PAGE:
The Art Of Up-Cycling


Claudia Rosales, Staff Writer

As students enter the second month of the school year, many continue to buy new clothing for the upcoming fall season; however, how many articles of clothing are they wasting in the process? 

The world of fashion is always moving at a fast pace. A sub genre of the apparel industry has been the topic of plenty of concerns recently: fast fashion. Shoppers will buy up to 10 pieces of clothing for a tragically low price due to how cheaply manufactured it is, which leads to overconsumption. After only a season of wearing these garments, they’ll be thrown away to make more room for newer trends, contributing to the ongoing waste on the planet. Instead of discarding clothing, a greater response would be to repurpose their wardrobe as a whole by upcycling.

Upcycling clothes is the process of repurposing old or worn clothes and making them into something new. Ruqaya Gataa, a junior at Elkhart High, has her own interpretation on repurposing clothing: “I strongly feel that upcycling is a good way to give something a new life instead of completely abandoning it and leaving it useless.” She goes on to explain that just about anything can go through this process as long as a vision and plan is upheld. “You can always use different mediums to make something beautiful and your own; it’s all just very dependent on your own subconscious mind and thought process throughout the journey.”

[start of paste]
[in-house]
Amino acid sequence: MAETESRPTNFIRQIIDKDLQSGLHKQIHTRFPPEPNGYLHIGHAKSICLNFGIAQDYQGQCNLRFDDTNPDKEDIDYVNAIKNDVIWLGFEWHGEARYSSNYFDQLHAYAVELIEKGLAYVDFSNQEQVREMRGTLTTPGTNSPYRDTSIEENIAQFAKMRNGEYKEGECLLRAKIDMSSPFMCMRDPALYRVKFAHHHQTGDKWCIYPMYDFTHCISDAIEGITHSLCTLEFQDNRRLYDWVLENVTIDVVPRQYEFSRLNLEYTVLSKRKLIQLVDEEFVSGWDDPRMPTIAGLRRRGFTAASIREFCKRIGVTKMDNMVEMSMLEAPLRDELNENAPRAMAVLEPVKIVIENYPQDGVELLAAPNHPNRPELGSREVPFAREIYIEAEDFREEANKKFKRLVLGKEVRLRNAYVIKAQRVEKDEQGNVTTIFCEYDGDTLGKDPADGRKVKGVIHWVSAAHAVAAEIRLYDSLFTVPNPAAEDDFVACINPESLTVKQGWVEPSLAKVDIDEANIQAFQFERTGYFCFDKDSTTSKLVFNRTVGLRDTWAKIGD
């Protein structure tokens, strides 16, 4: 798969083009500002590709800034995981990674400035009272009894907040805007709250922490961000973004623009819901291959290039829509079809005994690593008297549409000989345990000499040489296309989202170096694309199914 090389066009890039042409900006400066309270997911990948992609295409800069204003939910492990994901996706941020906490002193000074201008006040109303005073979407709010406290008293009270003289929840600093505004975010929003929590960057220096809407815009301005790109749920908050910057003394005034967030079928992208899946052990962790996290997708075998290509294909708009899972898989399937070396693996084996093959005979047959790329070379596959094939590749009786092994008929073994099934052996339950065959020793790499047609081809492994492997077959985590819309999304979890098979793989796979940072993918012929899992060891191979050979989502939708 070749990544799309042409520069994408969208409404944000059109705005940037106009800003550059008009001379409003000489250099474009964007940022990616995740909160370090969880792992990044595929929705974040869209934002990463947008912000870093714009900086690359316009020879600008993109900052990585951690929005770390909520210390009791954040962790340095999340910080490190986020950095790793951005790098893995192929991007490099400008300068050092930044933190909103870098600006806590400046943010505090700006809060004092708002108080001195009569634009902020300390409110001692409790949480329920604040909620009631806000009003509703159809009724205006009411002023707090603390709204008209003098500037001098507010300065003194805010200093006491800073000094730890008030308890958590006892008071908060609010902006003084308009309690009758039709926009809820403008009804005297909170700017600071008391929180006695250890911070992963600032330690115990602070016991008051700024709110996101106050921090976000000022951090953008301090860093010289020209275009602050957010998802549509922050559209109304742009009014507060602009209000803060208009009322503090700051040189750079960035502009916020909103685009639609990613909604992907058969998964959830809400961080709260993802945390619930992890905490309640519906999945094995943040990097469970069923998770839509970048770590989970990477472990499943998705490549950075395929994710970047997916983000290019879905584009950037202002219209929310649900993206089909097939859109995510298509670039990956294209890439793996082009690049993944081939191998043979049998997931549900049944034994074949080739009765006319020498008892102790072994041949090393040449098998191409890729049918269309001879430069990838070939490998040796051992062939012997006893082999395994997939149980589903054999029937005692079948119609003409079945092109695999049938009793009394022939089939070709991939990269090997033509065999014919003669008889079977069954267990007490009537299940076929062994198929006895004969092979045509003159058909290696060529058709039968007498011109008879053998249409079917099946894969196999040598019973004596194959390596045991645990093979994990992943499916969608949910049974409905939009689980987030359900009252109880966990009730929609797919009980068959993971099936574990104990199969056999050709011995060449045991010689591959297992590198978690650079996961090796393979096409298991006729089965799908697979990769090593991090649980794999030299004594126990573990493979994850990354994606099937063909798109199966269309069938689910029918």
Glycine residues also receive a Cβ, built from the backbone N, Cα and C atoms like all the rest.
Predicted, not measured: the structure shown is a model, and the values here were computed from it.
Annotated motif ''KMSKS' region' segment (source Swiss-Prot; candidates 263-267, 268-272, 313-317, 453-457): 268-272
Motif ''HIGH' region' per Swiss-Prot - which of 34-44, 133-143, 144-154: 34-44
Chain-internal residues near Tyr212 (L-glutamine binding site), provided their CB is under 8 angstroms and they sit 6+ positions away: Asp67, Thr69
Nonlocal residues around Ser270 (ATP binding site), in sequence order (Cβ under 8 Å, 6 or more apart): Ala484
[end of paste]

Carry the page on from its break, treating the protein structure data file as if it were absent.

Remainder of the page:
There’s a variety of different ways to go about repurposing clothes. Examples include using dye, patching, embroidering, or even using it as a cleaning rag. Garments can also be turned into quilts, totes, or scrunchies. Motivation to complete an original piece can come from anywhere, whether that be taking inspiration from different decades or clothing lines. It can be as simple as painting a picture of a favorite character on a worn shirt, pants, shoes, or book bag. 

Gataa upcycles her own clothing, typically with painting and patching. She excels at making remarkable pieces out of old clothing. “The pants that I’m currently sporting took a few days to fully finish. In terms of the process, it all really depends on the complexity of the design and supplies mostly, some pieces will take longer than others, but nonetheless they usually come out super cool!” She goes on to illustrate the importance of creativity and individuality in the completion of up-cycling: “I think I’m a bit of a perfectionist, which is definitely needed in my opinion to feel good about what I create, but never feel ashamed to make mistakes because that’s what makes original work feel more genuine.”

The average person purchasing fast fashion uses a piece of clothing only 7 to 10 times before discarding it. If consumers, and students alike, began to recycle their clothing rather than trashing them, the item’s life would be prolonged to last longer and ultimately save it from ending up in a landfill quicker. Consequently, students save money, help out the environment significantly, and are able express their originality through attire all simultaneously.

Take inspiration from peers like Gataa, who use clothing as a creative outlet that in turn evokes a sustainable future. “I live for originality and trying new things, so it’s also something that gives me freedom to experiment with; for me, it’s just another way to showcase my artistry.”